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Starting a virtual machine generates a syntax error

Starting a virtual machine generates a syntax error


  • The virtual machine fails to power on.
  • The .vmx file contains garbled data or is zero bytes long or is corrupted.
  • You see the error:“<VM_Name>.vmx” line <x>: syntax error


This issue occurs if the .vmx file is corrupted. To resolve this issue, either build a new.vmx file or manually repair the existing file.

Creating a new .vmx file

To create a new .vmx file:

  1. Locate the virtual machine files and delete the .VMX file.
  2. Open the VMware product or VMware Infrastructure Client.
  3. Click File > New > Virtual Machine (if listed).
  4. Follow the new virtual machine wizard making sure to select the Custom configuration installation option. When prompted to create a new virtual hard disk file, choose to specify an existing file. Specify the existing .vmdk file.

Note: For related information when using a Fusion virtual machine, see Creating a virtual machine from an existing virtual disk in Fusion (1023555).

Manually rebuilding the .vmx file

It is possible to reconstruct the corrupted .vmx file provided a copy of thevmware.log is available where the virtual machine started correctly.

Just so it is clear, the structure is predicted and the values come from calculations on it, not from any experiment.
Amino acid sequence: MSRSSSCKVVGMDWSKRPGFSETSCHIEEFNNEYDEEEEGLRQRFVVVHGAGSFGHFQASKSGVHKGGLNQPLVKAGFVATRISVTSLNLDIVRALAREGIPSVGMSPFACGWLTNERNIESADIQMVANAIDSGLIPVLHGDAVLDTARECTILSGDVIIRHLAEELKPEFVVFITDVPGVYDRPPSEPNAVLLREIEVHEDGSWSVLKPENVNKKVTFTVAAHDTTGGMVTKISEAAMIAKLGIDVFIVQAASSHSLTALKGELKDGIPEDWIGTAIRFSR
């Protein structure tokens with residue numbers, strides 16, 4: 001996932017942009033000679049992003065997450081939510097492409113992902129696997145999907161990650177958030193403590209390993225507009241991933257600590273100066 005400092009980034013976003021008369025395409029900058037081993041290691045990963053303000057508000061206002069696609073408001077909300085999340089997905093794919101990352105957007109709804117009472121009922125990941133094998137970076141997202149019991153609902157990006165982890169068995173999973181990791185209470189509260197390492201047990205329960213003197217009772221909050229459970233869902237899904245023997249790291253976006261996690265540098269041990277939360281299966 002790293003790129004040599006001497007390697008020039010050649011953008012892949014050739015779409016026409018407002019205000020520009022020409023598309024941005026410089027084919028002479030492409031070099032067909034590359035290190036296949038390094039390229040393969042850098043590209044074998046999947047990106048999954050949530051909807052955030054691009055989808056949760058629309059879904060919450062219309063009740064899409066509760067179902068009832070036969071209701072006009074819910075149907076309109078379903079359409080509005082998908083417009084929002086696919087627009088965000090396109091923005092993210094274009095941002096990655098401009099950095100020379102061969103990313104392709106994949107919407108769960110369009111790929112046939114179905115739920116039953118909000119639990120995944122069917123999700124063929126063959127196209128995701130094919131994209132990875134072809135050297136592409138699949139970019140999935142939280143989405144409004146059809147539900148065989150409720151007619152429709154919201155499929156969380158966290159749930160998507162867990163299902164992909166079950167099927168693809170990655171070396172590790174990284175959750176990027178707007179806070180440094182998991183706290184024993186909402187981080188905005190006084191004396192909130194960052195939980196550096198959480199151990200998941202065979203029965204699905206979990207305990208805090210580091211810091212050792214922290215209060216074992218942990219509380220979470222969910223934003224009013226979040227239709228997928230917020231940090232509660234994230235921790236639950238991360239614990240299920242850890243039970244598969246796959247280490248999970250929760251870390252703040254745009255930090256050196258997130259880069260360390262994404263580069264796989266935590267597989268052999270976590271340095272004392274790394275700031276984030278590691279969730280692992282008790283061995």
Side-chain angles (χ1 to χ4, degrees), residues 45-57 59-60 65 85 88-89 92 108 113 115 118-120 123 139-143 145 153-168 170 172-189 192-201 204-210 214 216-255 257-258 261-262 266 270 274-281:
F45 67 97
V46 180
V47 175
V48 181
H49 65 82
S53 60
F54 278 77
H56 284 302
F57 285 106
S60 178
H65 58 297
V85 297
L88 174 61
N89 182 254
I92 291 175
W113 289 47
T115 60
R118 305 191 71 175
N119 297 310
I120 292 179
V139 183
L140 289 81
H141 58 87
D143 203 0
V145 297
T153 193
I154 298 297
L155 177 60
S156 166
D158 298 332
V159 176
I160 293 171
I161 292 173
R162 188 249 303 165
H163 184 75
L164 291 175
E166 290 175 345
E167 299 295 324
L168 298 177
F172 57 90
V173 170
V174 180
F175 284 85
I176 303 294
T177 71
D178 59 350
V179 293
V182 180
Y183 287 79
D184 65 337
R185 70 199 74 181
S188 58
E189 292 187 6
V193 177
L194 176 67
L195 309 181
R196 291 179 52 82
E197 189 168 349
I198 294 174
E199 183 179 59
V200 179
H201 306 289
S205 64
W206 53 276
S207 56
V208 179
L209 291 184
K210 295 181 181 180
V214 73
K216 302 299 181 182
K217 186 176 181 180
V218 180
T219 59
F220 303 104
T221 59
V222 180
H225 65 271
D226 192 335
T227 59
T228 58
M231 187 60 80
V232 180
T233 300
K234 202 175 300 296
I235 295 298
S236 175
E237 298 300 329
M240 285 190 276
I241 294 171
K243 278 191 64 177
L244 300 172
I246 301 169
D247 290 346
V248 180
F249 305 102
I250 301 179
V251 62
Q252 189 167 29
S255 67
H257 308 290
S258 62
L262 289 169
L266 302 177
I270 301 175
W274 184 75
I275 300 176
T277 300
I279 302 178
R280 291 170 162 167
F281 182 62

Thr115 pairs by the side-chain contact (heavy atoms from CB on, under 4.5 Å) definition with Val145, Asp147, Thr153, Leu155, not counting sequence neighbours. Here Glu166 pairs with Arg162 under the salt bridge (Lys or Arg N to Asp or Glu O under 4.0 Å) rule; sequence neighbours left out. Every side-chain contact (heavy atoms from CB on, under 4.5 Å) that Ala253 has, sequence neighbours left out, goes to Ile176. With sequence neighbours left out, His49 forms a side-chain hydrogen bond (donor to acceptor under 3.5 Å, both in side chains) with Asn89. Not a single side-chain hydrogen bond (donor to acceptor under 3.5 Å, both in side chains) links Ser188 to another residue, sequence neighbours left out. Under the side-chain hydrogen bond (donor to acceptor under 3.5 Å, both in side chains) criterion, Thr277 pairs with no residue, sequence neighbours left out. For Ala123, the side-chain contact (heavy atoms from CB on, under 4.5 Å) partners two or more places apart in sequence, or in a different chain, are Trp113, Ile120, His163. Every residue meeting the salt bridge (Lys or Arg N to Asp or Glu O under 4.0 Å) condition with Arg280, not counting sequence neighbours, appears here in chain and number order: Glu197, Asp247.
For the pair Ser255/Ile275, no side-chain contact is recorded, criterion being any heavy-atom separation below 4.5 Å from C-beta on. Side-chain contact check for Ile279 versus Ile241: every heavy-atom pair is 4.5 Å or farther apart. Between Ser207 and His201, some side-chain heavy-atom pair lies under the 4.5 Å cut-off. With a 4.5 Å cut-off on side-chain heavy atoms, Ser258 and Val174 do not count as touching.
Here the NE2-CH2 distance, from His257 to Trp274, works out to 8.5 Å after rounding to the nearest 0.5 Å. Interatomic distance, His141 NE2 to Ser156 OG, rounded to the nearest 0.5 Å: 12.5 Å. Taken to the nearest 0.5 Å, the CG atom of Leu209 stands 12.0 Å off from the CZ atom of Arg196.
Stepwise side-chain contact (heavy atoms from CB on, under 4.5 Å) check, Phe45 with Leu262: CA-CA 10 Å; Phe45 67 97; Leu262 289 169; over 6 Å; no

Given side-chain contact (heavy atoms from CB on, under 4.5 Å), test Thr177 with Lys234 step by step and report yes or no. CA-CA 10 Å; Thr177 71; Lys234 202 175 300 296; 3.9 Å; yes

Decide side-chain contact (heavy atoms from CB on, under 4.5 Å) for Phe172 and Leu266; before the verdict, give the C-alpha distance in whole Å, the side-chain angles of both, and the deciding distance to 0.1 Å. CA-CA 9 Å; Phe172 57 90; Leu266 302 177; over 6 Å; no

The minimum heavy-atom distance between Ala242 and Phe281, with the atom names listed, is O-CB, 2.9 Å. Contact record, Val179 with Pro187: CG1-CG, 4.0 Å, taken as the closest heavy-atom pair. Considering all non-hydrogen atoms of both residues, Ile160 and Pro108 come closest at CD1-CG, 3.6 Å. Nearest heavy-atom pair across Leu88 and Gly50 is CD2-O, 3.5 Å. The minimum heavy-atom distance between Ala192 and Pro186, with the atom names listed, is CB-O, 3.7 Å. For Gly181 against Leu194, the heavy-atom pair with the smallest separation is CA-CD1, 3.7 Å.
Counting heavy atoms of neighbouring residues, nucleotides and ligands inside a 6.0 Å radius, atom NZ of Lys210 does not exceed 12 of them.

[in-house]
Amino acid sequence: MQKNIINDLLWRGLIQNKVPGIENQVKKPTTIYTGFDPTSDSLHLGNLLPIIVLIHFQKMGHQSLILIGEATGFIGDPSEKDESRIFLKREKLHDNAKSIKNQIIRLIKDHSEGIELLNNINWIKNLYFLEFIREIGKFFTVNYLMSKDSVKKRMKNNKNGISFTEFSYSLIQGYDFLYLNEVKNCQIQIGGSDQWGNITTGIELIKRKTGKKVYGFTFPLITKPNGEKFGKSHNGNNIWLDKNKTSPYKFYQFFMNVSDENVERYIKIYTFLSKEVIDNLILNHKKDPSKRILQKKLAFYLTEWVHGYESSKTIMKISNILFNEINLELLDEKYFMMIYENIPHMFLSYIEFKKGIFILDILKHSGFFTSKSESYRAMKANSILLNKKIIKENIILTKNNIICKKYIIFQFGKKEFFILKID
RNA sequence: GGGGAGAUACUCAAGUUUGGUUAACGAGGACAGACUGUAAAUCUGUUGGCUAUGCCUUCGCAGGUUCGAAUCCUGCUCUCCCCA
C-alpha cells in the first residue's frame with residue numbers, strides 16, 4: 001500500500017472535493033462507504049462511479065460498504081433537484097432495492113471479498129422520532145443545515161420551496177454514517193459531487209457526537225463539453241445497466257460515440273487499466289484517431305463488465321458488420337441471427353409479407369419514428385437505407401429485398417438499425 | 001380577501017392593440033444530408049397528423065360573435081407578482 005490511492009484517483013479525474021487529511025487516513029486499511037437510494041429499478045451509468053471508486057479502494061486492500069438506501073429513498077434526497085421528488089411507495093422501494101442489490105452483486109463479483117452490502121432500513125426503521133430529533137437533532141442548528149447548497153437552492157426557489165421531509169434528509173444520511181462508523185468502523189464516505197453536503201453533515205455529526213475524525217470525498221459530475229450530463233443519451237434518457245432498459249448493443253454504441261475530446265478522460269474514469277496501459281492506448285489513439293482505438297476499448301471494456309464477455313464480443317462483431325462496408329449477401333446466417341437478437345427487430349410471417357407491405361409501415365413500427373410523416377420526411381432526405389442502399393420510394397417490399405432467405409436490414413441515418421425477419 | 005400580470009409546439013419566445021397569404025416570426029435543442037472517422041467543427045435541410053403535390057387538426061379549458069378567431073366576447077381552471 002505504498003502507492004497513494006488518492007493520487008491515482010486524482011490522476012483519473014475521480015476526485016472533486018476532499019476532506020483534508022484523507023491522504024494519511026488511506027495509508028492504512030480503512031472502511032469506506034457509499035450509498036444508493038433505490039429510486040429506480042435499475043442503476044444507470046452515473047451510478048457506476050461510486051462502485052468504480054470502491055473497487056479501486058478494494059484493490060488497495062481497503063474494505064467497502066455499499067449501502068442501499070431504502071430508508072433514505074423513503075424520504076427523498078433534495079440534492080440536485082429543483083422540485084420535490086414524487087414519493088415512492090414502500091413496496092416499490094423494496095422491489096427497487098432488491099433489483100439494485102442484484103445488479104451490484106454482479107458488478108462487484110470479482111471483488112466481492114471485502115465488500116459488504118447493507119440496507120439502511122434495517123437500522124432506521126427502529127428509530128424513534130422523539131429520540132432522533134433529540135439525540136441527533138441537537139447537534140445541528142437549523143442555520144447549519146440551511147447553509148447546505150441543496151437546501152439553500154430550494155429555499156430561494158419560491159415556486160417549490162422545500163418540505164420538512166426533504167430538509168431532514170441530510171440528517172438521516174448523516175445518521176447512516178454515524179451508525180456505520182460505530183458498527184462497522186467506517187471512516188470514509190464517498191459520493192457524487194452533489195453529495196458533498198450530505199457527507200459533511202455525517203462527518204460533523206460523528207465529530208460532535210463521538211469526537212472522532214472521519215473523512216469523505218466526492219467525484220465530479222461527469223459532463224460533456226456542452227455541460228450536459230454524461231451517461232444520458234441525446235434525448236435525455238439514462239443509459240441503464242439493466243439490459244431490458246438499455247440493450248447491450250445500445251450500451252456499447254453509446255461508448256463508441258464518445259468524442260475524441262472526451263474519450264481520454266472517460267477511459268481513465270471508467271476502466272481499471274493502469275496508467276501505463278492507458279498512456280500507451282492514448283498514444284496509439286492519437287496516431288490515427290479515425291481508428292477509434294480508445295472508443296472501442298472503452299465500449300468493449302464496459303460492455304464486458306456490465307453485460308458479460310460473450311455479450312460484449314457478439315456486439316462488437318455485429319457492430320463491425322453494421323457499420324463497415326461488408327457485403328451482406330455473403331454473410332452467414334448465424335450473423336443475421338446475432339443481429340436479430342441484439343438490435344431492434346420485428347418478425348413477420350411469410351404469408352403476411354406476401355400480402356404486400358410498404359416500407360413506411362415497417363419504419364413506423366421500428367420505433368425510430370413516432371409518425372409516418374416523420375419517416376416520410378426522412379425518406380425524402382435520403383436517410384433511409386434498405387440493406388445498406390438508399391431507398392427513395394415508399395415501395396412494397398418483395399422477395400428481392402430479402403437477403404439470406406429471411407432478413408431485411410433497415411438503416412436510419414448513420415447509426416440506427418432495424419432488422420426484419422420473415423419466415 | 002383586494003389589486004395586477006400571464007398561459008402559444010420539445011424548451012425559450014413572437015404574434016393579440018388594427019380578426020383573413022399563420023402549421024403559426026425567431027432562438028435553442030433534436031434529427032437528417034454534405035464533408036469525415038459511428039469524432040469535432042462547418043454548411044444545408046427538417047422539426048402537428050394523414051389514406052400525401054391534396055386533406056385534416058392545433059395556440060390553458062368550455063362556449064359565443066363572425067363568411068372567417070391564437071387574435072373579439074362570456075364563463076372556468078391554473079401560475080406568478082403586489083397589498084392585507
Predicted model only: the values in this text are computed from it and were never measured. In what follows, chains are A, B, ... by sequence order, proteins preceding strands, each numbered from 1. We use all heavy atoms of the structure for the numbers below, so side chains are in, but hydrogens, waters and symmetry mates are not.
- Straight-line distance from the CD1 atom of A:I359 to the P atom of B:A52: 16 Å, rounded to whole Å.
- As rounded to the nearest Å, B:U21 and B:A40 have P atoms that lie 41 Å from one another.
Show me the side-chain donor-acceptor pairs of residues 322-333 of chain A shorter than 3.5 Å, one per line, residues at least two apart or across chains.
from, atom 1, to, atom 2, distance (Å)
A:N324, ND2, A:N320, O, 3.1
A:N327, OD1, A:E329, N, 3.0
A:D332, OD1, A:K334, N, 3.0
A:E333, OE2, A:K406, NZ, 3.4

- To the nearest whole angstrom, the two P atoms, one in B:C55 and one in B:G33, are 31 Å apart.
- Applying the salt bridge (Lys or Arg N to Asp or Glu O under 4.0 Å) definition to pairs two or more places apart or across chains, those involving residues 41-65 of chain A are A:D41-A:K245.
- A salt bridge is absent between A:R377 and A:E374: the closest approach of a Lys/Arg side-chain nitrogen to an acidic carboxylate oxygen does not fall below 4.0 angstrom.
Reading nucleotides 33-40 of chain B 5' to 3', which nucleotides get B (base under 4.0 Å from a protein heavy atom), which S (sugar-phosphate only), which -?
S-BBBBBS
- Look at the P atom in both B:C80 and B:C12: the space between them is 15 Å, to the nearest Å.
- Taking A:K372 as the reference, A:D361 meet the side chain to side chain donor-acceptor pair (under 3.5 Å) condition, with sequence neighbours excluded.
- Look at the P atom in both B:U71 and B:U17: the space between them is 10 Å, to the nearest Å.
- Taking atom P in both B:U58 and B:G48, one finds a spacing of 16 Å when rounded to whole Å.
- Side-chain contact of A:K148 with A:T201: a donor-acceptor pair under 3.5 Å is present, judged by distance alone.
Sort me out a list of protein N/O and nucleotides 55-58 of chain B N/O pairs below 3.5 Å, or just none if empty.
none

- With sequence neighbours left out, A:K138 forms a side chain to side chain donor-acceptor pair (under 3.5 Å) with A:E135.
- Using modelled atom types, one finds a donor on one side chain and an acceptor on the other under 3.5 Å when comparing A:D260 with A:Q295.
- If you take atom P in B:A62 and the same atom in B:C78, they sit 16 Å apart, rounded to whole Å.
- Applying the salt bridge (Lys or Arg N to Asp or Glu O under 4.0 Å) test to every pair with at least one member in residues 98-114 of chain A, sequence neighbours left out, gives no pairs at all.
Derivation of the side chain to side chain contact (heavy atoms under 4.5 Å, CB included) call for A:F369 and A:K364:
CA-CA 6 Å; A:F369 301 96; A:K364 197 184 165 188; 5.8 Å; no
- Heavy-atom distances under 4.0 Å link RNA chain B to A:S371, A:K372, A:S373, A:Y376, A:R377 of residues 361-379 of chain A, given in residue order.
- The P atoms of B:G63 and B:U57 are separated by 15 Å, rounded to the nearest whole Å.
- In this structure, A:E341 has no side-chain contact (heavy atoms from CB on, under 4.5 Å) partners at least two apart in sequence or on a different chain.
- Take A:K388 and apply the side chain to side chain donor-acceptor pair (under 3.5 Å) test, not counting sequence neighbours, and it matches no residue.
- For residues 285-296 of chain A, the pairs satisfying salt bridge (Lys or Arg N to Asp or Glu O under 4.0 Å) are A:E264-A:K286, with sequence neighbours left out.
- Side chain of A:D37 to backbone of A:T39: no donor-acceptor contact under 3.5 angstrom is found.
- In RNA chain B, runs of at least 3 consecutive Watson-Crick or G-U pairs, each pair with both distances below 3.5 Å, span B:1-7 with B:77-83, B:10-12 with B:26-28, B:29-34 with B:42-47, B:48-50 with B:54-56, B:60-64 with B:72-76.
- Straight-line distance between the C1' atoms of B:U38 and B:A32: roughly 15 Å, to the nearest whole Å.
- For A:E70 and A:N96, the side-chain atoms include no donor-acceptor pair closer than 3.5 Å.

To manually rebuild the .vmx file:
  1. Locate the virtual machine files. For Fusion, see Locating the virtual machine bundle in VMware Fusion (1007599)
  2. Open the vmware.log file where the virtual machine started successfully with a text editor. In Macs, use Text Edit.
  3. Find the line in the log file that contains: — CONFIGURATIONBeyond this line — until the next line that contains  — are the complete contents of the .vmx file as it was parsed by the vmx process.
  4. Copy the text into a new .vmx file, overwriting the damaged .vmx file.
  5. From the new file, clean the logging output from the text to restore the original configuration.For example, change the line that reads: 

    vmx| DICT svga.vramSize = 134217728


    svga.vramSize = “134217728”